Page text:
Virtually all of the cellphone providers have an Email-to-SMS gateway that can be used for sending SMS messages to their customers. For example, to send a message to a cellphone subscriber on the AT&T network, you just send an email message to firstname.lastname@example.org. Click here for a complete list of the email gateway addresses.
That got us to thinking how simple it really would be to create a bash script that delivered the same message to every provider used by your friends. Who cares if all but one of the messages goes in the bit bucket. Your SMS message still will get delivered. For example, in the United States, if you’ve covered AT&T, Verizon, Alltel, Sprint, T-Mobile, US Cellular, Cricket, and Nextel, that pretty much gets 99% of the cellphones. If there’s a service that we’ve left out that you really need, just add another line to the bash script with the domain of that carrier.
So, log into your server as root and create a bash script named sms.sh that looks like the following: nano -w sms.sh
# Script for sending SMS messages
# For additional cell carriers, see:
msg=”Just testing the new SMS batch script.”
echo “$msg” | mail -s “$subj” $email@example.com
echo “$msg” | mail -s “$subj” $firstname.lastname@example.org
echo “$msg” | mail -s “$subj” $email@example.com
echo “$msg” | mail -s “$subj” $firstname.lastname@example.org
echo “$msg” | mail -s “$subj” $email@example.com
echo “$msg” | mail -s “$subj” $firstname.lastname@example.org
echo “$msg” | mail -s “$subj” $email@example.com
echo “$msg” | mail -s “$subj” $firstname.lastname@example.org
Fill in the msg, subj, and num2call fields. Press Ctl-X, Y, then Enter to save your file. Then make it executable: chmod +x sms.sh. Now give it a try: ./sms.sh
You can alter the sender address for your emails from the default of root by inserting an entry like the following in /etc/mail/genericstable: root email@example.com. Then restart SendMail: service sendmail restart.
Micro$oft Bing. I have to admit that I’ve always had a soft spot for Microsoft. They came from humble beginnings and outsmarted almost everybody during the 80’s and 90’s… until Google entered the picture and did much the same thing to them. You’ve also got to hand it to Microsoft. They may not get it right the first, or second, or third time. But they don’t give up. And their reincarnated search engine, Bing, is worth a look. It includes an Explorer Pane that categorizes search results in a left panel that is customized to your search query. There’s also a Quick Preview providing website popups. The theory is to give you a sneak peak at a particular site to see if it’s what you’re looking for. As with many Microsoft creations, it’s just too slow at the moment to be of much value. Good idea. Not so good implementation.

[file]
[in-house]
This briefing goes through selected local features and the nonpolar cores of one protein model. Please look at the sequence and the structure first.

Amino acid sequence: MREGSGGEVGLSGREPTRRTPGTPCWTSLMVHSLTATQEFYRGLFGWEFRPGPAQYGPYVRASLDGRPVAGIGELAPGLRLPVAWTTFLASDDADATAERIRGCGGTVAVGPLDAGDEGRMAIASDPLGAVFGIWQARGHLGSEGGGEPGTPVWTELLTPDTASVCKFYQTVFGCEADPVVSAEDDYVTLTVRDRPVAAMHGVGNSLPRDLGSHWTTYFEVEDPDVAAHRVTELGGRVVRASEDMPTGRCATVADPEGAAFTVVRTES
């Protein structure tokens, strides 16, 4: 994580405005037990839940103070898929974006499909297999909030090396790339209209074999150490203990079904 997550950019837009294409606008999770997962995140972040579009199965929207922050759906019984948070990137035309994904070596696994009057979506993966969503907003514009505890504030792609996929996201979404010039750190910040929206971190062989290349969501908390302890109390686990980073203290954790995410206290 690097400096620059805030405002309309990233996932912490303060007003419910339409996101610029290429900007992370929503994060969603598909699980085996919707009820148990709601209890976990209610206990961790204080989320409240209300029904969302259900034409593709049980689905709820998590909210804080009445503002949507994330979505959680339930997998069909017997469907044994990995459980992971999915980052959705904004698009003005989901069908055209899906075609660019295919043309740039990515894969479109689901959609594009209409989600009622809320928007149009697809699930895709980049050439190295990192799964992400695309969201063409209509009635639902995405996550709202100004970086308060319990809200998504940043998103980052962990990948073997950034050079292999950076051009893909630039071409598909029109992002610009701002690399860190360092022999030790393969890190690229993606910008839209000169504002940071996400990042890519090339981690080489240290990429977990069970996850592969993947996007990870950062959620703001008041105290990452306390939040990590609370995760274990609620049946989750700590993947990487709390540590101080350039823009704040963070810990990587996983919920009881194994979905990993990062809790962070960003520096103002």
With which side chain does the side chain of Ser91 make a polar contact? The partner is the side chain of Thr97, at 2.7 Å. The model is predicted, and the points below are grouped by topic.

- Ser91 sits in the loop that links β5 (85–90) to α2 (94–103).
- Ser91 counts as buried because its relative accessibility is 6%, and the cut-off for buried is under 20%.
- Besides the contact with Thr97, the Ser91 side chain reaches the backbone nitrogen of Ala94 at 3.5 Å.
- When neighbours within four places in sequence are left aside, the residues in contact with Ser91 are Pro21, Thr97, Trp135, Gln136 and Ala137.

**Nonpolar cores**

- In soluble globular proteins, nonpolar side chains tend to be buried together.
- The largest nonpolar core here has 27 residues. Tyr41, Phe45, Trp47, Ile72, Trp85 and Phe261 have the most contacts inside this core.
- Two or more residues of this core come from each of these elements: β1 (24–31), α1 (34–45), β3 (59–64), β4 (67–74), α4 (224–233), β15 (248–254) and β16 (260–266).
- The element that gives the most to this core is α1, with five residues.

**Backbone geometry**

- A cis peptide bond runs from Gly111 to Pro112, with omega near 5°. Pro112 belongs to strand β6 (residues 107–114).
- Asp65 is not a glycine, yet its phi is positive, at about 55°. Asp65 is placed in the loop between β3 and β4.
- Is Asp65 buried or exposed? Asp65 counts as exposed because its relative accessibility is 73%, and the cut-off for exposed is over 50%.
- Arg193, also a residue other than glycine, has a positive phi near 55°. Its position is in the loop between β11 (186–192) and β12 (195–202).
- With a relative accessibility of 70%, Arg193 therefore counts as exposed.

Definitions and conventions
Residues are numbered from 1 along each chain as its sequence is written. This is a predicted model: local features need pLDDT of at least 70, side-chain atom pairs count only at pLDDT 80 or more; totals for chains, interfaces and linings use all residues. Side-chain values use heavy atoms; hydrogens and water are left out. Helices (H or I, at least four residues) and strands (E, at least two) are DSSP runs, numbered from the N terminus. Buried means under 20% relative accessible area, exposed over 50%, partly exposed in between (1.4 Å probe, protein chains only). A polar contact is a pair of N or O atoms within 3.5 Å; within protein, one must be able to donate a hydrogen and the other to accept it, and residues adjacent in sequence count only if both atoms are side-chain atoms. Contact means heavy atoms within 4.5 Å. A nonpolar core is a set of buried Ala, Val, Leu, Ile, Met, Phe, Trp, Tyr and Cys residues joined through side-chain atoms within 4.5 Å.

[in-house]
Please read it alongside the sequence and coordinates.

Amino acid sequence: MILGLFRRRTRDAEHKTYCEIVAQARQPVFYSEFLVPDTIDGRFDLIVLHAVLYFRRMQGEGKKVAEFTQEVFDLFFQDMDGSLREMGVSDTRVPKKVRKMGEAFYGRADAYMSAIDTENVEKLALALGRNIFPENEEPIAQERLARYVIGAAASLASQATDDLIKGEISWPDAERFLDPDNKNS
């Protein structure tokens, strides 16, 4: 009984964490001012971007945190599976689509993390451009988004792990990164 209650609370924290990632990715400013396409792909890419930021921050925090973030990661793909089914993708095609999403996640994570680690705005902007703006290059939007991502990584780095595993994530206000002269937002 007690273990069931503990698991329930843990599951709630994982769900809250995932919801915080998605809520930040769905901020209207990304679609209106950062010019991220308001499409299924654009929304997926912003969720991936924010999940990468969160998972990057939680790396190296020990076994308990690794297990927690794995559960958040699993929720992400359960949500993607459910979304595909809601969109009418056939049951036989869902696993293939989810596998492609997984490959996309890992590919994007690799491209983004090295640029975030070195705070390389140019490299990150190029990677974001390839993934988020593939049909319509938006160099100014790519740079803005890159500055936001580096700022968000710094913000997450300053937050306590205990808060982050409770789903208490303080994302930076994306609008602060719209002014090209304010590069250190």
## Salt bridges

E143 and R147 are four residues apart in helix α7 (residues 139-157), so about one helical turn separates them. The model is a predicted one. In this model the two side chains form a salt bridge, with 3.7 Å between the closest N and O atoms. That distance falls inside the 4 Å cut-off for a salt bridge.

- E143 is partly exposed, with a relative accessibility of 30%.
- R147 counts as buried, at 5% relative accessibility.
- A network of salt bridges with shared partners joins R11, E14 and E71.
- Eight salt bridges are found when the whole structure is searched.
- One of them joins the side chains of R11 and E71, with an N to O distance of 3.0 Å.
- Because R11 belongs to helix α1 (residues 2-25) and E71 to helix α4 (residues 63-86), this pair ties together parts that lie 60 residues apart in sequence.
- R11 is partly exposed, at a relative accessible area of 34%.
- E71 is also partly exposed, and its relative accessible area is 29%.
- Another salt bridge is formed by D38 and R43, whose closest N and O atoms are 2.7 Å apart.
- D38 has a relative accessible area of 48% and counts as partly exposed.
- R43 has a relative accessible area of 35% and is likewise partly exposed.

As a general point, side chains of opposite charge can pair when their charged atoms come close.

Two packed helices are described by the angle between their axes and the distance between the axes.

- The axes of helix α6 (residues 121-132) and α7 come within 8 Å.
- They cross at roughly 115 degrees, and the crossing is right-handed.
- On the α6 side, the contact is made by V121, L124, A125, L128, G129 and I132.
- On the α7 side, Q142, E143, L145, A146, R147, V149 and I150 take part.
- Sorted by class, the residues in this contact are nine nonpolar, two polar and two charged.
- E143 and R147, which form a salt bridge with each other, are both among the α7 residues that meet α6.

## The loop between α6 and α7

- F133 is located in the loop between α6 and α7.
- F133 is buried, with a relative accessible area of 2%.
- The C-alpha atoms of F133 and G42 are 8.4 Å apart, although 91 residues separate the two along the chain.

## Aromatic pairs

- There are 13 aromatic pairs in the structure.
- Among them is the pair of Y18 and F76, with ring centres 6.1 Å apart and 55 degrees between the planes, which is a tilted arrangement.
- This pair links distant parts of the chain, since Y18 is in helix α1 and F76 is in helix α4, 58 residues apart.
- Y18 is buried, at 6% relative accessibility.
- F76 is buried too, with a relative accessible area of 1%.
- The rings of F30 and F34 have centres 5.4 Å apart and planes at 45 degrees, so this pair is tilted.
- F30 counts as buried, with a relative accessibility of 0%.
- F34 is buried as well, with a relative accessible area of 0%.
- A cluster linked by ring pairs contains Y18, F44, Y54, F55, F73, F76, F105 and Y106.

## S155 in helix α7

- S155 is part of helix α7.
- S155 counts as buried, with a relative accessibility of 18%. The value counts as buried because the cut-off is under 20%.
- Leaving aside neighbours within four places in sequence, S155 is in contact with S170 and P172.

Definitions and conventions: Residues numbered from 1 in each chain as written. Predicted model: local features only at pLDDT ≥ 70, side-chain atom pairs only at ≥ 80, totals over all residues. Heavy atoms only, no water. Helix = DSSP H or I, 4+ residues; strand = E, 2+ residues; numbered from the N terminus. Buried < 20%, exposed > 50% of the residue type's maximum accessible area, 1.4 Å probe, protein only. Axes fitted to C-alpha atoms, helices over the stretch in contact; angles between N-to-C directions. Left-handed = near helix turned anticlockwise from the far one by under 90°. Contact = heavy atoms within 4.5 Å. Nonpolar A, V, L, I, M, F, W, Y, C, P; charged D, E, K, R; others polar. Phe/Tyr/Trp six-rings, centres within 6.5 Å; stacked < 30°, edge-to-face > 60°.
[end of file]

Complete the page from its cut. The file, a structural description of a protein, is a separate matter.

A good bit already has been written about Bing’s picture and video search capabilities. Suffice it to say, once they tamed the content, it’s worth a look. Actually, it was worth a look even before they tamed the content. 🙂 But give Microsoft credit, they quickly recognized that there needs to be a way to make the web accessible to younger children and students without exposing them to an endless stream of pornography. What happened to the good old days of reading National Geographic to find all that stuff?
Microsoft’s Farecast technology also is interesting. It brings new, smart tools to the process of purchasing airline and hotel accommodations. Much of this toolkit was acquired by Microsoft, but it’s pretty slick. The downside of Bing, when compared to Google, is that there seems to be a tilt toward Microsoft content in results. And there still is a lot of drill-down (aka Windows) to find exactly what you’re looking for. Both are deeply rooted in the Microsoft psyche so I doubt it’ll ever go away. But have a look anyway. It’s an interesting, new product to at least have in your search toolkit.
Let There Be Music. All-you-can-eat streaming music plans have been around for a while. But there’s never been anything quite like the new Napster service from Best Buy. $5 a month for access to 7 million songs on either your PC or a Sonos sound system is just too good to pass up. We’ve previously written about this so we won’t repeat it all here. Have a look at the article if you’re a music addict. And, if streaming DRM’d music isn’t your thing, check out this PC Mag article on Virgin Media’s new offering. It will let you download an unlimited number of MP3’s from Universal’s entire music catalog for about $20 a month. Unbelievable!